Okeechobee sheriff and police chief clarify governor’s order

OKEECHOBEE — On Monday, May 4, Governor Ron DeSantis’s new executive order goes into effect. Okeechobee County Sheriff Noel Stephen and Okeechobee City Police Chief Bob Peterson met with Mayor Dowling Watford and Commissioner Terry Burroughs on Friday, to discuss the handling of the new order. Sheriff Stephen said even though the order is in black and white, it still leaves a lot of room for interpretation, and they felt it would be beneficial to add some clarity and guidance, so the citizens of Okeechobee will know what to expect.

The Department of Business and Professional Regulations has the authority to regulate the operation of local business and enforce the order, but they are not coming to Okeechobee, said the sheriff, so that leaves it up to local jurisdictions to enforce it.

Unfortunately, some are pushing the envelope already they said, and they are getting a lot of calls complaining about the order being violated by local businesses. For example, in the last couple days, they have had calls about four different barber/beauty shops opening and performing services. When they get those complaints, they have no choice but to follow up. They have to enforce the governor’s orders despite personal feelings.

Usually when they go to the business, it turns out to be a misunderstanding, they said, and they just explain to them what the order says and how that pertains to their business. If they have to go back again, the person could be subject to a notice to appear, because it is a second degree misdemeanor to violate the order. If necessary, they could be taken to jail. The way it is handled is a decision made by the officer and based on how many times they have been there and how cooperative the person is. Law enforcement is also obligated to document the interaction and report it to the Department of Business and Professional Regulations. They issue licenses to these businesses and violations can jeopardize these licenses.

Right now, bars, gyms, beauty salons and barbershops are all still closed except to sell supplies which can be done curbside or by delivery.

Restaurants may open for seating on Monday. They can have tables outside spaced 6 feet apart, and inside they can have 25% of their normal capacity but must still practice social distancing.

Restaurants which are borderline bars will be closely monitored to be sure they are not going overboard with serving alcohol. The majority of their sales must be for food, not alcohol. When the dining room closes for the night, they are expected to close, because at that point, they become a bar and not a restaurant.

Churches are welcome to open for normal chapel services as long as social distancing is practiced. If one family group is sitting on a pew, the next group should be a minimum of six feet away. Multiple services to keep the attendance lower are encouraged.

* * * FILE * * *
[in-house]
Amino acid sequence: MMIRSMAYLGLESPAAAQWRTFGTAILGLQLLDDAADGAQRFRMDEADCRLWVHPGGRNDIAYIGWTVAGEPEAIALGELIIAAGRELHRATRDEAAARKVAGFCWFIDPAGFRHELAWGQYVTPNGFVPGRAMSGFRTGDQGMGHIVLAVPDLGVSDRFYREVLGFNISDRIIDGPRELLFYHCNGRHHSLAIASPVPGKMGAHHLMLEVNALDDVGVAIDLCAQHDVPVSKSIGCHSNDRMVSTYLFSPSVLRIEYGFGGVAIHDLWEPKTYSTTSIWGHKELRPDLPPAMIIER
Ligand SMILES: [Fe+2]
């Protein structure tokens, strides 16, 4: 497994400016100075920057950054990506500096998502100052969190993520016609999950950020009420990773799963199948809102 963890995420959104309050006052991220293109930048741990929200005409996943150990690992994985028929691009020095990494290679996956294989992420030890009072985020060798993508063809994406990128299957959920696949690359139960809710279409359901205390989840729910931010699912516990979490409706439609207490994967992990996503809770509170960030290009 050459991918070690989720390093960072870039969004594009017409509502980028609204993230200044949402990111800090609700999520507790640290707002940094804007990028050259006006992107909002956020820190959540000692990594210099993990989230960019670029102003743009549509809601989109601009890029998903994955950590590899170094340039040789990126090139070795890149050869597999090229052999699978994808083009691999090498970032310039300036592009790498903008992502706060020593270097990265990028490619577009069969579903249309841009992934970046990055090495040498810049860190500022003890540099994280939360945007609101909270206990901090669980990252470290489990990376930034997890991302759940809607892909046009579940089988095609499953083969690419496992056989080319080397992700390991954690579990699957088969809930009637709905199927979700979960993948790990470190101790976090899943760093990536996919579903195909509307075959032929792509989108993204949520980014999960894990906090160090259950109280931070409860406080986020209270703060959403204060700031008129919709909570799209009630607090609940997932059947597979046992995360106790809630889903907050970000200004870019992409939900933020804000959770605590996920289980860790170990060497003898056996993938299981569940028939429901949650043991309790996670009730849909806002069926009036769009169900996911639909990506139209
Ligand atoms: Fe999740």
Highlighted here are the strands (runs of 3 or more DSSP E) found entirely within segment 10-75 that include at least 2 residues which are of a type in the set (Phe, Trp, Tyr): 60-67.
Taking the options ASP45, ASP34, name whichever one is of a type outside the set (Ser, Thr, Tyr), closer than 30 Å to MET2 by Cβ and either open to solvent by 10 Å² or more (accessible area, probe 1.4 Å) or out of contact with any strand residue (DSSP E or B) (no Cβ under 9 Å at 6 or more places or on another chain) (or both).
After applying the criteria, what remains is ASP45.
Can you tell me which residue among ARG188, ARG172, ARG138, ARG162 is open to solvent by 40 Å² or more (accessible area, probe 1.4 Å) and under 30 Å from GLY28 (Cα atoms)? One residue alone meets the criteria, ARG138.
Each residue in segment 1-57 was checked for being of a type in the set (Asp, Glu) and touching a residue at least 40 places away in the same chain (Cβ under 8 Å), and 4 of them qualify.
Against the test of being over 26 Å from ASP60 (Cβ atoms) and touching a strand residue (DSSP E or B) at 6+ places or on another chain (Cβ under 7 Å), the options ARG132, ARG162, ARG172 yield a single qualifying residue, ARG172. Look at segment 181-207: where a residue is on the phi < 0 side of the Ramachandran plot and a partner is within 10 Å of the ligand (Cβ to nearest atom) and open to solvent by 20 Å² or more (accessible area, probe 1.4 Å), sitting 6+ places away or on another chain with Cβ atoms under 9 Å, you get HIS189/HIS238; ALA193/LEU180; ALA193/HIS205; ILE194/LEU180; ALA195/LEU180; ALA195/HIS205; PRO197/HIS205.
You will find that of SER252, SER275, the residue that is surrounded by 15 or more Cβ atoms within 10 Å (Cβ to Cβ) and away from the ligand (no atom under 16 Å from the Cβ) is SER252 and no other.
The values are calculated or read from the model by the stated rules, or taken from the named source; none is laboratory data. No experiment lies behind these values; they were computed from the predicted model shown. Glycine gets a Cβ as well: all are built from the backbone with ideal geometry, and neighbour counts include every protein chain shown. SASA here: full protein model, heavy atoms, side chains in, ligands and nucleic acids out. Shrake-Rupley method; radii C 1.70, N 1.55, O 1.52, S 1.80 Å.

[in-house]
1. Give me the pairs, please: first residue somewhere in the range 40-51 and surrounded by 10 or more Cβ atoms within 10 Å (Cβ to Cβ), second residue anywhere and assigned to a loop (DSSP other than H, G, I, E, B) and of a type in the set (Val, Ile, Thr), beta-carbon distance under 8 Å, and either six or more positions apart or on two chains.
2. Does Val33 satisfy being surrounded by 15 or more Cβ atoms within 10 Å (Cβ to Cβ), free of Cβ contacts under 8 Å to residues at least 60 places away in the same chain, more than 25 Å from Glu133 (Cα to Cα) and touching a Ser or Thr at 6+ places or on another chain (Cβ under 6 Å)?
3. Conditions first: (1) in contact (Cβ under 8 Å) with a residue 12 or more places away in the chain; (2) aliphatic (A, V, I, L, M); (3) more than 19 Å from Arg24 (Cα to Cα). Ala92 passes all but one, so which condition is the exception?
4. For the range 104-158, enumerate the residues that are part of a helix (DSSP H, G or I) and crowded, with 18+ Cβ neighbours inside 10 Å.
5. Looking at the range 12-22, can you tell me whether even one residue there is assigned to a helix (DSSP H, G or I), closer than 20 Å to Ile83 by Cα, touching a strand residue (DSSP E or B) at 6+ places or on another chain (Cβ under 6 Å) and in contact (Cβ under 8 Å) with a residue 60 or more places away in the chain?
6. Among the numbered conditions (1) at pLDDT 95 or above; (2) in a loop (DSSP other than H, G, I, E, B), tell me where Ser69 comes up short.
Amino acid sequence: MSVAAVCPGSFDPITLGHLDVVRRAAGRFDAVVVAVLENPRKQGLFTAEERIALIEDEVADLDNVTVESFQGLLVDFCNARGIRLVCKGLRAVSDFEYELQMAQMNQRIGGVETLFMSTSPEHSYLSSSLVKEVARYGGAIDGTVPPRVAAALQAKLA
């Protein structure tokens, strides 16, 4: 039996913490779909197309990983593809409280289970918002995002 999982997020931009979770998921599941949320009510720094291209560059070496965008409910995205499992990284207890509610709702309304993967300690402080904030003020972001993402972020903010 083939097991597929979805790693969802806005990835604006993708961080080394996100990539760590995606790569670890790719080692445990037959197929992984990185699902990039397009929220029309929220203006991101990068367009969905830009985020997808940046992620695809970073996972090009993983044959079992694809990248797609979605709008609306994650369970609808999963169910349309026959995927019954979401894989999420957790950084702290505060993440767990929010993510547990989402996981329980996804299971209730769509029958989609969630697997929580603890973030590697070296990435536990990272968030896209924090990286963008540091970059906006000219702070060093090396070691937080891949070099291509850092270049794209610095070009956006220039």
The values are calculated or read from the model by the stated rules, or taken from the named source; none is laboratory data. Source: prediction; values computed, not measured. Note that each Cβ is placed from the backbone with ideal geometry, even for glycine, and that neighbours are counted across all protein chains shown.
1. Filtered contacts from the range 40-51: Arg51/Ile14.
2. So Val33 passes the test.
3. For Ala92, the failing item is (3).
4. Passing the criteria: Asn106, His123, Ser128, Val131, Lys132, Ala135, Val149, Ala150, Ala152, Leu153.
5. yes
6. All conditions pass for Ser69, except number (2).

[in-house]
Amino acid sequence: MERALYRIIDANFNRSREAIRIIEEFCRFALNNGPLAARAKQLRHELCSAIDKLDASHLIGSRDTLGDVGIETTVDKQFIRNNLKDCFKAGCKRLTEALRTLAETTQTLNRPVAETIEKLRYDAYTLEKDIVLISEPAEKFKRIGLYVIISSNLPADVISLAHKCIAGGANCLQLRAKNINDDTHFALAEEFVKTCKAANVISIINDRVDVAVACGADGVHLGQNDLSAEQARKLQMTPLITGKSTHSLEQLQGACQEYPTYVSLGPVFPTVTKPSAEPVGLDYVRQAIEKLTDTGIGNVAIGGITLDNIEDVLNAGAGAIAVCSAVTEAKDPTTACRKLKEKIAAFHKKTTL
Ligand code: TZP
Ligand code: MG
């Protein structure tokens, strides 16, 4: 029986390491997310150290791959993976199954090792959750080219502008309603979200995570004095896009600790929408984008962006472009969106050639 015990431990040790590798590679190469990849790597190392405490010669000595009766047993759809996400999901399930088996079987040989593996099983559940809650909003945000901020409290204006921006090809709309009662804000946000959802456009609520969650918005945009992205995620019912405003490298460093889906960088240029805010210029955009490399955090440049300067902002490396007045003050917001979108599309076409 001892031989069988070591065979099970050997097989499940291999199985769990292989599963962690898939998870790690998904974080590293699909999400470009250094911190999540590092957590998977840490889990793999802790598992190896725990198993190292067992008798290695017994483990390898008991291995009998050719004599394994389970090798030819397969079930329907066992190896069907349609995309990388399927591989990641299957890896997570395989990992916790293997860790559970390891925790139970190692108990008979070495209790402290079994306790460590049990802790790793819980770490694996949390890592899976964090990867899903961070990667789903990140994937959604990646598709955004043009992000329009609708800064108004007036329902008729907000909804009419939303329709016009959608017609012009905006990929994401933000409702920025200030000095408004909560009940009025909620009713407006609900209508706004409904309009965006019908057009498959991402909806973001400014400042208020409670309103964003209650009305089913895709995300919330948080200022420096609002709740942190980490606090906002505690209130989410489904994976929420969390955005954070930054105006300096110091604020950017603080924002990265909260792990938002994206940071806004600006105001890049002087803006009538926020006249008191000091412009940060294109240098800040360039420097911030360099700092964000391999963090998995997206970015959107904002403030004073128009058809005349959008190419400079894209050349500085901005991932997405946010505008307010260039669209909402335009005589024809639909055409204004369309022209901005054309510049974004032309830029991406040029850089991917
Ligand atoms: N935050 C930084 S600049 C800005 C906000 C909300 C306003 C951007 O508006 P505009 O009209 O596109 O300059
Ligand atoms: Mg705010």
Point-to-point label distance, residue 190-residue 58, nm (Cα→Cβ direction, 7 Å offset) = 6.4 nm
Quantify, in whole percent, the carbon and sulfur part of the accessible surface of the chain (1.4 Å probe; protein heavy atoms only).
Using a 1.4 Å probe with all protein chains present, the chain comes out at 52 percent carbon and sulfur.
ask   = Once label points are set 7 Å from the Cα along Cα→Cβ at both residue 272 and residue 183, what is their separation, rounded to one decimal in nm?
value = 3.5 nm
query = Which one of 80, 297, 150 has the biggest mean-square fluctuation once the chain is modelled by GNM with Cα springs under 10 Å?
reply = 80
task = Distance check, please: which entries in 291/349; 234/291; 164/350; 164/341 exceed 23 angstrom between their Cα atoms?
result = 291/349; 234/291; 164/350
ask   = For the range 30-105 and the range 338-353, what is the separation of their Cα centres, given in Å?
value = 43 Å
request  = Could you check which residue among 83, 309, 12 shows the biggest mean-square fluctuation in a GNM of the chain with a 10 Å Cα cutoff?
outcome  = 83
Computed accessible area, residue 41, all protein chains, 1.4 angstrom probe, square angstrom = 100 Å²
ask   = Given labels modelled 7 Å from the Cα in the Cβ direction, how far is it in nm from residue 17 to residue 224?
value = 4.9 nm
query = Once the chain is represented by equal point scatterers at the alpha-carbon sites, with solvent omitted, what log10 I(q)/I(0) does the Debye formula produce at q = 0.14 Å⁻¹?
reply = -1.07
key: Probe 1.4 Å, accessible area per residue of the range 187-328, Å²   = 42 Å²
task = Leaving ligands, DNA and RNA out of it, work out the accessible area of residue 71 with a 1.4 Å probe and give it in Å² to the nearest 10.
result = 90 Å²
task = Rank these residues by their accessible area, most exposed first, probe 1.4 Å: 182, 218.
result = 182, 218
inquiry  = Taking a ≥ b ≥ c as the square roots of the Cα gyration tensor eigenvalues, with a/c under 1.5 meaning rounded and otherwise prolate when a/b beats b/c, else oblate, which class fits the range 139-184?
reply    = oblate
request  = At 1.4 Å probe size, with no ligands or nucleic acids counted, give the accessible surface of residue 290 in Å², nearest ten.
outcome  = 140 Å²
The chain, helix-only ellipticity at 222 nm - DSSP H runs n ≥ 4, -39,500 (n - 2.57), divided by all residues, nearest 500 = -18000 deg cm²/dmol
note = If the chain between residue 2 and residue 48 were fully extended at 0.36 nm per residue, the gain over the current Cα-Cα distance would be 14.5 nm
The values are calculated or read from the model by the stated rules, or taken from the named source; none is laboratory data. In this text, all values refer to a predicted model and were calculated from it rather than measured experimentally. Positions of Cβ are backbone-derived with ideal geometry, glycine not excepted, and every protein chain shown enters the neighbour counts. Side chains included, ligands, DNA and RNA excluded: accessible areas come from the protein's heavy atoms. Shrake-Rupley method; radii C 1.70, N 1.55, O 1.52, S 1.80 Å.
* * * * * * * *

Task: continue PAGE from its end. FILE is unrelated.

“I feel this will be a good way to ease us back into society,” said the sheriff. “People need this to help get through these times.”

Social clubs are to remain closed. Most of them are considered bars.

“We, as Americans have to maintain social distancing. Not just because the governor said so but for public safety,” he said. This is the reason they are being proactive about enforcement rather than reactive.

This is only phase one, he said. “Hopefully phase two will come soon and then phase three. Hopefully by the end of the month, we will be back to some type of normalcy. Still practicing social distancing for the rest of our lives and generations to come. Right now, we are just asking for cooperation to get us through this.”

Deputies and police officers will monitor the businesses as they patrol their usual areas. If they see 20 vehicles outside a small business, they will investigate. Some businesses have been on social media advertising their plan to commit violations, he said. They are being reported and then someone has to follow up.

“We don’t want to cause anybody any trouble,” he said. “We understand they are trying to operate, function and pay bills. Some of these people considered nonessential are the only breadwinners in the family. Unemployment has not come through. The state has dropped the ball on a lot of these things, and we sympathize, but ultimately at the end of the day, we have a governor’s rule we have to enforce. We can’t be selective and let this one do it but not that one. We have to be fair and consistent.”

Chief Peterson said the 6 foot distancing applies to everyone, everywhere, all the time. The only exceptions are people who live in the same home.

“Even though at times it might seem as though it’s not the case, we are all members of the same community and are all truly on the same side,” he said. “We are not the enemy. We just have a job to do and are doing it the best we can.”

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